There is no stopping women from gaining influence in business and technology – industries which used to be occupied by men only. These days, more and more women are in top level management of corporations and organizations, managing their own business and even steering their way through various technology companies.
I recently spoke before an esteemed group of women in business at the quarterly WomenBizPH Talks on Boosting Women’s Health. Organized by the Women’s Business Council Philippines, I shared with them how I recently celebrated my 50th birthday and became concerned about keeping healthy. And then I chanced upon the film Still Alice. The film is about a woman linguist and professor at Columbia University, played by Oscar winner Julianne Moore, who turned 50 and develops early onset of Alzheimer’s. I wrote about the film to celebrate women on International Women’s Month, to raise awareness on this debilitating disease & remind golden girls like me that a healthier mind is not difficult to maintain.
So, how do I keep my mind healthy… at 50?
1. Be Fit, Physically. Do yoga or run. Run a marathon even. Exercise releases endorphin, which creates feelings of happiness and euphoria, and certain chemicals in the brain that support and prevent degeneration of the hippocampus, an important part of the brain for memory and learning. If you can’t run or do yoga, take a long walk, do some stretching, jump rope, or go bowling. The choice is yours. What’s important is to move your muscles!
2. Write by your hand. Handwriting stimulates the brain, is a good memory booster, and a key step in cognitive development. Thus, when you handwrite, you are actually excercising your brain. Despite the presence of iPads and other tablets, I still keep a journal to this day and write down my thoughts there. Read this blog I wrote about handwriting as an essential brain exercise.
3. Get enough sleep. Healthy sleep (6-7 hours) is essential for optimal learning and memory function. Sleep rests your mind and cleans up the brain. Think of sleep spindles through which the brain stores information into long-term memory. These sleep spindles are short bursts of brain waves at strong frequencies that occur during REM or deep sleep. And please, restful sleep means putting all your gadgets off, and away from your bedroom, not on your bed.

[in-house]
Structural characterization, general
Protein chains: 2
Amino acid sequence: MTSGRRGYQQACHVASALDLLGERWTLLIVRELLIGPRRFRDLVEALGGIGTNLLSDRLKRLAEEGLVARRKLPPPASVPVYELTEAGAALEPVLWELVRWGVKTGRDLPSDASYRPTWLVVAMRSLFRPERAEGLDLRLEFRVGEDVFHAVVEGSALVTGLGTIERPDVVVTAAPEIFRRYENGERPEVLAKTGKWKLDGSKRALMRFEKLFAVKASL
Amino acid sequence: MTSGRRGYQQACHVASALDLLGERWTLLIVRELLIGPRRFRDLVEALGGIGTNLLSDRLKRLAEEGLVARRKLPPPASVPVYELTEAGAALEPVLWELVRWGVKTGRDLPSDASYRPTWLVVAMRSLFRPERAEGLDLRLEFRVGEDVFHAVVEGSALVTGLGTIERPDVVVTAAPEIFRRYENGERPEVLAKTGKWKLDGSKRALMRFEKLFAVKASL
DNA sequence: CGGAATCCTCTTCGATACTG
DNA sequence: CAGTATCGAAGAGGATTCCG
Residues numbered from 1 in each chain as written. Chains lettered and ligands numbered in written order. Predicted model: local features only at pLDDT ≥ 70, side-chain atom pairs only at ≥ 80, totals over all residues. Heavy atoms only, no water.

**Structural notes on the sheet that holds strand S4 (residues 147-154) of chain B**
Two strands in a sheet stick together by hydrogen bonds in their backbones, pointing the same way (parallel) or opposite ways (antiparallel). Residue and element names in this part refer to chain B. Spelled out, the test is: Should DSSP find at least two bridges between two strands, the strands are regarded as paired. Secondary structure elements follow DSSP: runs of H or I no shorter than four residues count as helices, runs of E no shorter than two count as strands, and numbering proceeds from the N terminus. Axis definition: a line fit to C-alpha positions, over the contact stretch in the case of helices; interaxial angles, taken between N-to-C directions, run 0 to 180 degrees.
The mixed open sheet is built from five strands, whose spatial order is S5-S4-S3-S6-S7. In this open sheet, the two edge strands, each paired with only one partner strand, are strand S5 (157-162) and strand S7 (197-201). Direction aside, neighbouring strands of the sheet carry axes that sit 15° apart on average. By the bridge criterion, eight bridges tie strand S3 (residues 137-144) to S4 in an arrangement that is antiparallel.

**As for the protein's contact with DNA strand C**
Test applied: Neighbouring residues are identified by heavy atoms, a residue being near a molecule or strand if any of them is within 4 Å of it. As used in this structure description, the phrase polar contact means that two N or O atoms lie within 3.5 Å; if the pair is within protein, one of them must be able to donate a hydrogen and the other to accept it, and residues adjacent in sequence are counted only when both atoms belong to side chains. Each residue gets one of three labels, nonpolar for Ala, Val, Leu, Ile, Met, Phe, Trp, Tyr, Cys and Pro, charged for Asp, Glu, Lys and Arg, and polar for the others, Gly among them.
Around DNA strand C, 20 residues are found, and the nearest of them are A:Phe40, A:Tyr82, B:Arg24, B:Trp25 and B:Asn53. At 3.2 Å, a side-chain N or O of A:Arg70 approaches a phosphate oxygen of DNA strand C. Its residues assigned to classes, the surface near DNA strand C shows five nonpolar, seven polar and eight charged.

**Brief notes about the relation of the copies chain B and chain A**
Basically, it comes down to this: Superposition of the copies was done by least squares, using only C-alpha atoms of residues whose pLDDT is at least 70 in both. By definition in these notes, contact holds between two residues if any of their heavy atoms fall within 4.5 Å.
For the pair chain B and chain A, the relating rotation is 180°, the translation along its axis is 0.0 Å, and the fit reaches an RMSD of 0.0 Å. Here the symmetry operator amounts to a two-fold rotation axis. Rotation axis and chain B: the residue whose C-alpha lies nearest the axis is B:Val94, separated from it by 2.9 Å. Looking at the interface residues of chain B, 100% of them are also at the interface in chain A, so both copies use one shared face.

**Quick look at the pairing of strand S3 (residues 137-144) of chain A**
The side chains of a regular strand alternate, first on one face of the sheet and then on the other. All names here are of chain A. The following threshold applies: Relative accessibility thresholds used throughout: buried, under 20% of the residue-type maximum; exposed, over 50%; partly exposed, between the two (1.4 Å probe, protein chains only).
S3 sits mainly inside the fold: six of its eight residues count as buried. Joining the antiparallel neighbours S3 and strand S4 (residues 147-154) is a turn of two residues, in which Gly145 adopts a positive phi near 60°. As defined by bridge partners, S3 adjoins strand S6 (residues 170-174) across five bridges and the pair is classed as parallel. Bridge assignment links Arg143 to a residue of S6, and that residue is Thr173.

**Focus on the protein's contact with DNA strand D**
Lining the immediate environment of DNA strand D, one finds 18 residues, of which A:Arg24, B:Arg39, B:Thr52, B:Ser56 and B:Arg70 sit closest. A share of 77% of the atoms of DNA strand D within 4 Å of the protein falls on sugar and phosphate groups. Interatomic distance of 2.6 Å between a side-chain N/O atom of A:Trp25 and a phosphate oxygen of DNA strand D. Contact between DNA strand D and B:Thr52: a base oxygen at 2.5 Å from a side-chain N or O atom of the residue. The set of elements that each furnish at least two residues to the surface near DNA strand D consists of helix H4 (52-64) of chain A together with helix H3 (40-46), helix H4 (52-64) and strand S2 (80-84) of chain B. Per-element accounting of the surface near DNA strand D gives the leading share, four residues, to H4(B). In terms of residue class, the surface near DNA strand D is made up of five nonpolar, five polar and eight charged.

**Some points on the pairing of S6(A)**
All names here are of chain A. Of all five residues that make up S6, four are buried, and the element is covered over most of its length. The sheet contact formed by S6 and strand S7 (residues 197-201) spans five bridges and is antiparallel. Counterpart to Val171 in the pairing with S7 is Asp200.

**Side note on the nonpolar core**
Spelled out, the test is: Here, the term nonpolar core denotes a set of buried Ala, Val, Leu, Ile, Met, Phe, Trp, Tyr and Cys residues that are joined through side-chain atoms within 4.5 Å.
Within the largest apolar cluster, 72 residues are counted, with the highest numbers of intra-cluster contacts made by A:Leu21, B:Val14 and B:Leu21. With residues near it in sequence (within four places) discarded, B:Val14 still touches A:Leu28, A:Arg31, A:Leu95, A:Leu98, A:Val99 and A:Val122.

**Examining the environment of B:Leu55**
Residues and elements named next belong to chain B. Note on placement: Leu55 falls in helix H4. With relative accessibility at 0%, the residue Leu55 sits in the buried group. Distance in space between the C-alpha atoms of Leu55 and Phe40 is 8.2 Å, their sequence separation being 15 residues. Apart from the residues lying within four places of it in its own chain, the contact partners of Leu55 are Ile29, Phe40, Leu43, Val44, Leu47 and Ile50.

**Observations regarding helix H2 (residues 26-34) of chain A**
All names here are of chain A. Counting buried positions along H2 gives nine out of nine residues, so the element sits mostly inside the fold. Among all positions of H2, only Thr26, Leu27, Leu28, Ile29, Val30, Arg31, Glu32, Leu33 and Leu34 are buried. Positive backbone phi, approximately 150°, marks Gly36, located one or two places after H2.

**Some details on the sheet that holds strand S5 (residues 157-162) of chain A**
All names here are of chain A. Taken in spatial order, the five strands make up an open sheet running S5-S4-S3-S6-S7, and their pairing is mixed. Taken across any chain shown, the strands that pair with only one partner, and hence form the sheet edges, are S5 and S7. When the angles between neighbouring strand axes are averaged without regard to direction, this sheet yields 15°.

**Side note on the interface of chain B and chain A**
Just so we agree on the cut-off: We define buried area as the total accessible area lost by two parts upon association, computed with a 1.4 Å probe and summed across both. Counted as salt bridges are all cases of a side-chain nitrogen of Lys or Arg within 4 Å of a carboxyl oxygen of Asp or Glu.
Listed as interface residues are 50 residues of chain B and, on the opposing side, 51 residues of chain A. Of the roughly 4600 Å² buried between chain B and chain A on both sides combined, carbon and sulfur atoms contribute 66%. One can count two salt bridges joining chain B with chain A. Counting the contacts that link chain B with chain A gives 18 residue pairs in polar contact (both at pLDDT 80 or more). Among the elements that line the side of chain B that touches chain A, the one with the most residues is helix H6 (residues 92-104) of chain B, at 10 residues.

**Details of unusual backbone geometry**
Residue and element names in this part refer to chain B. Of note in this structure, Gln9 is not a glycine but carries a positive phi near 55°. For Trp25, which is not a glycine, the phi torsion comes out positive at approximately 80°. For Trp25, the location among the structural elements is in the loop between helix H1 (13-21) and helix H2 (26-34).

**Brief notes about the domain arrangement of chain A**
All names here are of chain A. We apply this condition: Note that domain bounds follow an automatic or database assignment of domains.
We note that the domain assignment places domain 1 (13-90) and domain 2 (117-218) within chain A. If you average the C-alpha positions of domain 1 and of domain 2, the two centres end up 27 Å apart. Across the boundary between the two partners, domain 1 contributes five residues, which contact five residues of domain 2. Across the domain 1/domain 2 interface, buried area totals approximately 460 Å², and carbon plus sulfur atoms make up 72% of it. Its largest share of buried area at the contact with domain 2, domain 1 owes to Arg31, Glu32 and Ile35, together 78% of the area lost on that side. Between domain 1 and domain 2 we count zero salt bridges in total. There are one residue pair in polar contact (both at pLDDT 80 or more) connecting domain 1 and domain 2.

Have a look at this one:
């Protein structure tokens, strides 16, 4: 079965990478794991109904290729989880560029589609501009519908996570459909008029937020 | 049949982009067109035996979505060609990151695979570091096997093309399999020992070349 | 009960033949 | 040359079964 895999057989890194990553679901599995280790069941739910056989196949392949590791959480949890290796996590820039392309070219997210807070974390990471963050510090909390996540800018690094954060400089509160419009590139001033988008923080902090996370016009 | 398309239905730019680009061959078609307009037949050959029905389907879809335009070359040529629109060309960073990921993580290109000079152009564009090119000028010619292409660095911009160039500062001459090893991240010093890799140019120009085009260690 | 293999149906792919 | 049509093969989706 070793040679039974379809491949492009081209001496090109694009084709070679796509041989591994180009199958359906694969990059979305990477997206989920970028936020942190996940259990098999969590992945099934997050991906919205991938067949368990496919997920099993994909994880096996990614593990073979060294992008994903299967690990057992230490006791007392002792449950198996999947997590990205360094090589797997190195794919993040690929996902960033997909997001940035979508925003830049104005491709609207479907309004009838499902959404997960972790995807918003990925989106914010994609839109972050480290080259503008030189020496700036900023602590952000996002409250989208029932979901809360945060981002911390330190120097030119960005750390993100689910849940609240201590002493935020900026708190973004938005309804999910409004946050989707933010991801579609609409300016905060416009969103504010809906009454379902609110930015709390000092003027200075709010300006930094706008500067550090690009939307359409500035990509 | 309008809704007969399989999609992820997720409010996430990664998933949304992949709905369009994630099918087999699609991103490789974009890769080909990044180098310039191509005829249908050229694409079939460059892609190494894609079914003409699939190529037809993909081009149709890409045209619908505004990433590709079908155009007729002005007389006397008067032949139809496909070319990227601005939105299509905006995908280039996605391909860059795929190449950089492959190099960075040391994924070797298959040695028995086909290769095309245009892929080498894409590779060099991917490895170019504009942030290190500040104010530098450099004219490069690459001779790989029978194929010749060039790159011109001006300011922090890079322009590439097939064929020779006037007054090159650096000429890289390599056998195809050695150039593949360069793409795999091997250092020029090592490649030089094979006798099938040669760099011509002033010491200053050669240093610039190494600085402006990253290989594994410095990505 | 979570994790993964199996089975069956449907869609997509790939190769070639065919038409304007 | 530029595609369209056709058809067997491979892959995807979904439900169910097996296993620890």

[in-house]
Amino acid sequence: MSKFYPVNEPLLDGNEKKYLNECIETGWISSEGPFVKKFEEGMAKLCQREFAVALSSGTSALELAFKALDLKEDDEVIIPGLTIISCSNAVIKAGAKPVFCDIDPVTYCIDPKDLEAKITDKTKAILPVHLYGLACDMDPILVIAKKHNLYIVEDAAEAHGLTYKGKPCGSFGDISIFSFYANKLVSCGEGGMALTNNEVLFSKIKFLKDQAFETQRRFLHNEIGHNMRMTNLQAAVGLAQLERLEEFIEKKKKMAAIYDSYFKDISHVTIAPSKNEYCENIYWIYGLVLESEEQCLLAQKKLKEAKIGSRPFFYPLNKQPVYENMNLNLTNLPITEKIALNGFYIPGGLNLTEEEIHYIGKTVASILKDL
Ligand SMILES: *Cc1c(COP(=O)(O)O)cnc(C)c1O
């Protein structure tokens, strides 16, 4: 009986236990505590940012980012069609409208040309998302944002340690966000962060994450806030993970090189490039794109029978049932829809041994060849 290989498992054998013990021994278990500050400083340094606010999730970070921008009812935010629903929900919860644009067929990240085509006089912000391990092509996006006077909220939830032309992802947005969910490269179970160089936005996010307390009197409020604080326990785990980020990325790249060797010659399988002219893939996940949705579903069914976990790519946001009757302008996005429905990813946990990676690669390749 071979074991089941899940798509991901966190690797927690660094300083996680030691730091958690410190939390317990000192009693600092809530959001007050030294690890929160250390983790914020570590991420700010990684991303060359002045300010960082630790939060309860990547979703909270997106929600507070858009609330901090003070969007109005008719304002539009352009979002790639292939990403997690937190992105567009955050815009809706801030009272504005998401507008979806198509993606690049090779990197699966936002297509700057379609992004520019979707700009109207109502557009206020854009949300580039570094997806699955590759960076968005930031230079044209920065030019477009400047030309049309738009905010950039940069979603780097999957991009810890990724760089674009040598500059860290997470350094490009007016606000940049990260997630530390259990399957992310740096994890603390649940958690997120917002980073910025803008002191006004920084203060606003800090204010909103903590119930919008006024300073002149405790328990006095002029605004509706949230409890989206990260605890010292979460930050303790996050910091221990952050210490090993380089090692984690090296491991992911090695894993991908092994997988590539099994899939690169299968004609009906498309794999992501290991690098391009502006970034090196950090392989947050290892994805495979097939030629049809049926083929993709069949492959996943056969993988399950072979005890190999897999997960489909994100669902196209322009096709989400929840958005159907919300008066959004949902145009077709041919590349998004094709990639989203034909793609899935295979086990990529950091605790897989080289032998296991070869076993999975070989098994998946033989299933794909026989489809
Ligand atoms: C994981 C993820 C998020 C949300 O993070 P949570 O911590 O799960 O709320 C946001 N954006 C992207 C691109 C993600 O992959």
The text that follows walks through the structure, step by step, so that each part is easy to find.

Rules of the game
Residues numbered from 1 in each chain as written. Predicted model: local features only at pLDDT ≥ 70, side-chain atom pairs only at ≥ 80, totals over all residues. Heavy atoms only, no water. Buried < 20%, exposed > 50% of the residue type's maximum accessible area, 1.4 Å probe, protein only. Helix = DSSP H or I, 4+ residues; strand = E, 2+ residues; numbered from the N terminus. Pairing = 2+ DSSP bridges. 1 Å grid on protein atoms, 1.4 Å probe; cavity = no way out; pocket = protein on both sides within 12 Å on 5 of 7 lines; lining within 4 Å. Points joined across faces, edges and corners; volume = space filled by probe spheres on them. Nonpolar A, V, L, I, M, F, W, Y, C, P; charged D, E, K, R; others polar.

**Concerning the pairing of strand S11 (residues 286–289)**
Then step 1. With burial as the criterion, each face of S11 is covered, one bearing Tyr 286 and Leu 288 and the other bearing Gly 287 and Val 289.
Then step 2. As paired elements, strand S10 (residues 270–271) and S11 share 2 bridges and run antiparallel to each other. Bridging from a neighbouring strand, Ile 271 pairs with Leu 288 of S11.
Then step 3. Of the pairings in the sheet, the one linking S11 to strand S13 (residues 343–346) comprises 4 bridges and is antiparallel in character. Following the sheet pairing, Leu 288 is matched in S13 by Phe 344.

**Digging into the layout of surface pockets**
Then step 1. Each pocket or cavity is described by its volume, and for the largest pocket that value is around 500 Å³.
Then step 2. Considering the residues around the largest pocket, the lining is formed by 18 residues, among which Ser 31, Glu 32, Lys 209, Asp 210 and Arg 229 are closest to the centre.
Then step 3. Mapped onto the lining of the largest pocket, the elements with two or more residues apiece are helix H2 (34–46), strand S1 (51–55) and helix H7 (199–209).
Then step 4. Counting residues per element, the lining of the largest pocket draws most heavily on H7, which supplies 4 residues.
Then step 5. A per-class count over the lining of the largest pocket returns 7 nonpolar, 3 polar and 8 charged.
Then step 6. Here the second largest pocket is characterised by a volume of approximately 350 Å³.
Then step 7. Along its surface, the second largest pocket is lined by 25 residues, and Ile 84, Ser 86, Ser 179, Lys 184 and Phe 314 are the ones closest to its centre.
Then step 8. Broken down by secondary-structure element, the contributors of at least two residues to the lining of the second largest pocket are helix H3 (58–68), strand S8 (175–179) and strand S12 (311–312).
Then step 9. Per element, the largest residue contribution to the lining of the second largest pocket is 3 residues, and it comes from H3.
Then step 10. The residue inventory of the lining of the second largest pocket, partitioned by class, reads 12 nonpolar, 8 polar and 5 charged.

4. Eat healthy. Better yet, have a colorful plate, that is a healthy plate of green, orange, red, purple, yellow – of fruits and vegetables. Dr. Albert Jo, a naturopath doctor, for Slow Food Philippines, says, “Natural health and healing using food as medicine is the best way to care for thyself.”
5. Laugh! Like sleep, laughter also releases happy chemicals in your body, and according to this article, when you try to understand verbal jokes, areas of your brains important to learning and understanding are activated. This means that as your brain wrestles with the meaning of a clever punch line, it’s getting the same kind of workout it would from a brainteaser. It’s hard to laugh, especially when we are faced with financial struggles and undergoing budget rehabilitation. It’s easy to rebuild and start laughing once you figure out the ways to rebuild your finance the right way.
6. Volunteer. Doing good deeds is helpful for your well-being. Isn’t it that you are happiest when you make other people happy? Thus, I do as many volunteer work as I can from fundraisers to rehabilitation to providing livelihood. Try to find time to give back, pay it forward, and be kind. As Mother Teresa said, “give until it hurts.”
7. Play. Yes, play definitely exercises the brain. I am fond of crossword puzzles and board games. With the onset of technology, game apps are now a dime and a dozen. But, available soon in the market is a brainwave headgear paired with a mobile app, called Memorie, that will detect activity and measure brainwaves, which indicate how the brain functions. Neeuro has developed this from two years of research & development. It uses both neurotechnology and gamification, and the pioneer products address issues of Alzheimer’s and other forms of dementia. In this company, I also continue my advocacy for a healthier mind through brain training.
Incidentally, the event also featured Dr. Leni Iboleon-Dy, Chair of Philippine Hearts Association Council on Women’s Cardiovascular Health, who talked about “Mending broken hearts because broken hearts can kill!” According to her, women tend to put aside and not prioritize our own health because we multi-task and think we are not capable of getting sick, when in fact, women have a higher incidence of heart ailments. It is, therefore, necessary to be aware of signs and symptoms of possible physical ailments and to avoid these.
Indeed, taking care of the body, mind and the heart is essential for a healthy lifestyle for women… and men, too.